Tonight, Educators for Excellence Chicago will lead a town hall on disparities in school discipline. Illinois recently passed a low that commits the state to maintaining a focus on reducing disparities, using the federal guidance on discipline issued under the Obama administration.
Bringing equitable discipline and restorative justice to schools takes training and support for teachers. Without it, they struggle. Teach Plus Fellow La’Tia Taylor talks about the tough realities. We’ll hear more tonight, including more about how to get it right.
One of my second-graders, Tony, generally entered the classroom happy. But it took a very small thing to make him furious. Tony, who had been diagnosed with anger impulsive disorder, would get angry if he didn’t know the answer to a question, if I took too long to assist him with his work or if he didn’t understand the lesson.
One day, Tony was angry that he couldn’t be first in line. He began to yell at the other kids and push them.
When I intervened, he wasn’t pleased. He choked me with my necklace, screaming at the top of his lungs. He pulled hard and the necklace left markings around my neck.
In 2015, the Illinois Legislature passed the Senate Bill 100 (SB100) with the aim of creating more effective discipline practices. The bill means that students like Tony can no longer be suspended. SB100 eliminates zero-tolerance policies and limits suspension and expulsions. Instead, schools must implement appropriate and available behavioral interventions.
While the passage of SB100 was a good thing, my school did not offer an alternative discipline policy, nor did it provide training on developmentally-appropriate disciplinary methods that would help to serve students like Tony and to help guide and support teachers like me as they address students’ behavior and struggle to meet their needs. At least in my school, the bill was not implemented as it should have been.
As a result, I had to embrace that having Tony in my classroom was my reality. Daily, I would sit in my car consumed by an anxiety attack, unsure of what behavioral issues I would have to address once I got to my classroom. I looked forward to Fridays and hated the thought of Mondays, and my passion for and commitment to teaching started to fade.
Many teachers, especially those of us who teach in urban settings, experience work-related trauma. According to a 2017 survey conducted by American Federation of Teachers, 58 percent of teachers said their mental health was “not good” for seven or more of the previous days.
But we can do something about it. Here are a few ways to get started:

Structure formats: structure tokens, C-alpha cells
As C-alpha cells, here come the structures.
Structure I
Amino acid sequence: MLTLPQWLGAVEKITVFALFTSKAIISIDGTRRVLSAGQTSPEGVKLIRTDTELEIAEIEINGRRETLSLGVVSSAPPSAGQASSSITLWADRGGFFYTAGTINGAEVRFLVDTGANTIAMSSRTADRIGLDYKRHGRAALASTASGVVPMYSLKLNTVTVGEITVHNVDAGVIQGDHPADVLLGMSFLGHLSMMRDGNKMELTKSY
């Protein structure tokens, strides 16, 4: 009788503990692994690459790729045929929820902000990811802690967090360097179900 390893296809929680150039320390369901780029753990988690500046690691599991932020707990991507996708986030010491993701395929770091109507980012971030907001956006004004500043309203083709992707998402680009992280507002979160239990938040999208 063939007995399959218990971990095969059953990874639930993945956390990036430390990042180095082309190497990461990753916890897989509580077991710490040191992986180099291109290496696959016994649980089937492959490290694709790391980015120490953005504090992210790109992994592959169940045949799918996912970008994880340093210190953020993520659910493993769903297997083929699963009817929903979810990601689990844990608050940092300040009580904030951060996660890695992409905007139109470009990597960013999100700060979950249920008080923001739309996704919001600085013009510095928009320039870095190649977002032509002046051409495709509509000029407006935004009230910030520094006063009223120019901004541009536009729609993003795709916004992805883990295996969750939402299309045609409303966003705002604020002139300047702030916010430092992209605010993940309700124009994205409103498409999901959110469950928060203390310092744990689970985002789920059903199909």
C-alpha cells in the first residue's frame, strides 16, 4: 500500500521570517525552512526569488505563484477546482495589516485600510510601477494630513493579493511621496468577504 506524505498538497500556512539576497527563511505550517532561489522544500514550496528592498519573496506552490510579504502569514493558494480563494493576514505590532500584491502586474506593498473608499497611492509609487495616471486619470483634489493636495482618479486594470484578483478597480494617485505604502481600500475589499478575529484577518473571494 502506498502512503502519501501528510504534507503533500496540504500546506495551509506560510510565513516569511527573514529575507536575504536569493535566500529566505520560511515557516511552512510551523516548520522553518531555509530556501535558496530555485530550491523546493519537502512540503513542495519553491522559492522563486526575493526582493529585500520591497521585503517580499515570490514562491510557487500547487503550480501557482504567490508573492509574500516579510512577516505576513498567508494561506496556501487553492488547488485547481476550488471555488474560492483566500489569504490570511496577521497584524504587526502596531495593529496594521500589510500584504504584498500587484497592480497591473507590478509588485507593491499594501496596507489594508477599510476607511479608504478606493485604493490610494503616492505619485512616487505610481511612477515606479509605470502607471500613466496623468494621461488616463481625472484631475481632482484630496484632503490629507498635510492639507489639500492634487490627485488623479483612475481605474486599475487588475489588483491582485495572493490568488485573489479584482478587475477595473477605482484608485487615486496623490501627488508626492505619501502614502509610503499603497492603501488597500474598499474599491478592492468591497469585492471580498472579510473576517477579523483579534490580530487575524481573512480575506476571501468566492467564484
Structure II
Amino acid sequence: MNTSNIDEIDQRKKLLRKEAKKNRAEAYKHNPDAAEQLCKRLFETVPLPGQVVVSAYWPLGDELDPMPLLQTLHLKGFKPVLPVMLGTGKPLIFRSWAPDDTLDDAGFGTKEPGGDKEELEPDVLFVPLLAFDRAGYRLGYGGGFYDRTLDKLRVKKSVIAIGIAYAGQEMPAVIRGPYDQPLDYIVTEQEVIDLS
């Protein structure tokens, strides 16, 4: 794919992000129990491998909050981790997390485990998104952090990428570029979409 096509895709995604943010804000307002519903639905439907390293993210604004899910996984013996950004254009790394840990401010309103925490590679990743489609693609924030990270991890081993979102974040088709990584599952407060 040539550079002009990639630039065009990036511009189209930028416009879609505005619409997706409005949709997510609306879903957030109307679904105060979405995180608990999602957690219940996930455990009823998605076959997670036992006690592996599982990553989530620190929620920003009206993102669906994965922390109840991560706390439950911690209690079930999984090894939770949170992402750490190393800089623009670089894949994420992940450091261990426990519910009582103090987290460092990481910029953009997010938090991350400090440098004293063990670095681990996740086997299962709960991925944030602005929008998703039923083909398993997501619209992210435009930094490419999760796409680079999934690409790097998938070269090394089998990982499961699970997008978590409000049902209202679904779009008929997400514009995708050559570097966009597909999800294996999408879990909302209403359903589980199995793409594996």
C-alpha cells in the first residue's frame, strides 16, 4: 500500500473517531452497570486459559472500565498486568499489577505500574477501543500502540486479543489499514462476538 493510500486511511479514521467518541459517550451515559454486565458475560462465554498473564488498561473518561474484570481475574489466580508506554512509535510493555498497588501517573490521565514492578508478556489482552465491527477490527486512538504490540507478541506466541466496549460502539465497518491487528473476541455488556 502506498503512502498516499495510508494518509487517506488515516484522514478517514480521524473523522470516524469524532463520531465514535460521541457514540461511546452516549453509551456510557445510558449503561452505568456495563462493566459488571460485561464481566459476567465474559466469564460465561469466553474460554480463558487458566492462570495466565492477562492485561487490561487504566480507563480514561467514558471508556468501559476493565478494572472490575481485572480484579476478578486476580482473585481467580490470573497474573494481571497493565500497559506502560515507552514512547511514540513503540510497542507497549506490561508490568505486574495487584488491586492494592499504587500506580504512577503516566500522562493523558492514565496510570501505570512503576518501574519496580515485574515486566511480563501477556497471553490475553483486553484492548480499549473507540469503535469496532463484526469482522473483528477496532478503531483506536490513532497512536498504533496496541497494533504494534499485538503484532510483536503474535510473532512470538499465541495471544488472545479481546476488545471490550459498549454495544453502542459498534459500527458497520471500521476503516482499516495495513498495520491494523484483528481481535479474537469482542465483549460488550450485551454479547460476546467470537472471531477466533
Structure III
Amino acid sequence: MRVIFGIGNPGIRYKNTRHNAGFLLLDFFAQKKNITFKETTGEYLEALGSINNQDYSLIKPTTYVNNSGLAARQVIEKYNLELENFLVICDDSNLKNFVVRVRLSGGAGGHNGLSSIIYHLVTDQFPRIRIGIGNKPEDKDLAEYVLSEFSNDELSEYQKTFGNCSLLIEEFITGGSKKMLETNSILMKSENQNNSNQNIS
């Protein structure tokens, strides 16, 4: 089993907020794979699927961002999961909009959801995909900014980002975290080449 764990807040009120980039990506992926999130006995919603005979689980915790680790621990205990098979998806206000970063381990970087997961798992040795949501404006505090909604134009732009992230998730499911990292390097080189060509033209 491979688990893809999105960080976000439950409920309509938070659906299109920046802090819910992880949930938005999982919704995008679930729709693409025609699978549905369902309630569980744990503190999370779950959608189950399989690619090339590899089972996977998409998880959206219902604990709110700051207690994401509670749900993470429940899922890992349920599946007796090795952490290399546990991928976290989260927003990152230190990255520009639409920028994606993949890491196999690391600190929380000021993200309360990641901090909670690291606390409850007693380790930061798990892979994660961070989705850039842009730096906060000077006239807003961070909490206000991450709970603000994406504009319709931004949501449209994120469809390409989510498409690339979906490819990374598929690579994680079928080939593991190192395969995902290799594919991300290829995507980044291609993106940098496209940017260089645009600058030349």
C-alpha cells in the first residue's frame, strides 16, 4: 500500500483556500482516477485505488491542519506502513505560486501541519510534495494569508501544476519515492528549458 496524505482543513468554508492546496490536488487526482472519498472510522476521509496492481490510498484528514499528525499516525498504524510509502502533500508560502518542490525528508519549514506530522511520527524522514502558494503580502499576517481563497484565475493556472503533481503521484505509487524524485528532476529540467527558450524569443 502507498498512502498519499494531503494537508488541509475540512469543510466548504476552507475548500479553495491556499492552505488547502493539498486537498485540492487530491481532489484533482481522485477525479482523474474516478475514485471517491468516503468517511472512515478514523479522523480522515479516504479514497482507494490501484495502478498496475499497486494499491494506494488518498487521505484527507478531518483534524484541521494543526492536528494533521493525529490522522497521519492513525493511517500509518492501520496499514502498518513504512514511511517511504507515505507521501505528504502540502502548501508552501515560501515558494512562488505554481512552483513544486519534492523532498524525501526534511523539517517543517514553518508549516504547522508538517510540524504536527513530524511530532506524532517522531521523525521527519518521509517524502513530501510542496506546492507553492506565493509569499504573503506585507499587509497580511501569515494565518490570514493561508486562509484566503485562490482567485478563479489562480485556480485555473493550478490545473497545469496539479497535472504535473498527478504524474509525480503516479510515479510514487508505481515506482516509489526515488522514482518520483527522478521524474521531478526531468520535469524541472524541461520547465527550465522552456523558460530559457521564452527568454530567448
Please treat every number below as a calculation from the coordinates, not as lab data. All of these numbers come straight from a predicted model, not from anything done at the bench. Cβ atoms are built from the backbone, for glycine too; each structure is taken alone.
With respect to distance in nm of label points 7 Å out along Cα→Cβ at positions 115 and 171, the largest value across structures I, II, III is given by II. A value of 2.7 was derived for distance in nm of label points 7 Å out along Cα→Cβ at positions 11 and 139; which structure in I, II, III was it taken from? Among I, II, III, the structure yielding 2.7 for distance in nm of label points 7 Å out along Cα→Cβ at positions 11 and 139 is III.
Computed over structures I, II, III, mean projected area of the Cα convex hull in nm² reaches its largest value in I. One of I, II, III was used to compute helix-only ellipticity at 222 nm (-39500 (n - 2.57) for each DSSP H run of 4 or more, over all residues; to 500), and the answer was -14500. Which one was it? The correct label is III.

- Seek professional help.
Teachers are human and are as susceptible to trauma as anyone else. After experiencing the terrors of second grade, I enrolled in counseling. My therapist diagnosed me with PTSD, which shocked me. It is the last thing I expected to develop as a teacher. Now, she talks me through my experiences and helps me to find the tools necessary to ease my symptoms.
- Connect with others.
For an entire semester, I was afraid to tell my family and friends about the pain that I was dealing with. I was worried about the stigma that comes with mental health and so I didn’t talk about the physical attacks or the daily anxiety attacks. When I did finally reach out to other teachers, I realized that I wasn’t alone. Connecting with others helped me to realize that I did not have to suffer by myself. I could lean on others for support.
- Prioritize your mental health.
Take charge of your mental health. Develop a self-care plan so that you are not burned out. Listen to your intuition, and take time to restore yourself and to recuperate. You have sick days. Use them.
- Don’t be afraid to change schools.
Know your worth as a teacher and assess your environment. Is it just your class or is it the school? Does your workplace offer a supportive environment? My school was poorly managed and my principal didn’t offer me any support. She knew that the kids were beyond challenging, yet she did nothing to assist me. My principal did not effectively implement the components of SB100. Eventually, I asked her to sign my transfer papers. I knew that there was little else I could give to my students. The best thing I could do was find a new school to teach in.
It has been over a year since I saw Tony or any of the other students from my second-grade class. I continue to struggle with anxiety attacks and PTSD.
But I have taken the steps to reclaim my passion for teaching. By ensuring that I take care of my mental health, I am able to help kids like Tony. I am in a better place mentally and I feel more equipped to best serve students that truly need my help and support. I hope that schools in our state implement the components of SB100 with fidelity so that teachers can better serve their students.
This post originally appeared on Education Post as We Need School Discipline Reform But We Also Need to Protect Teachers.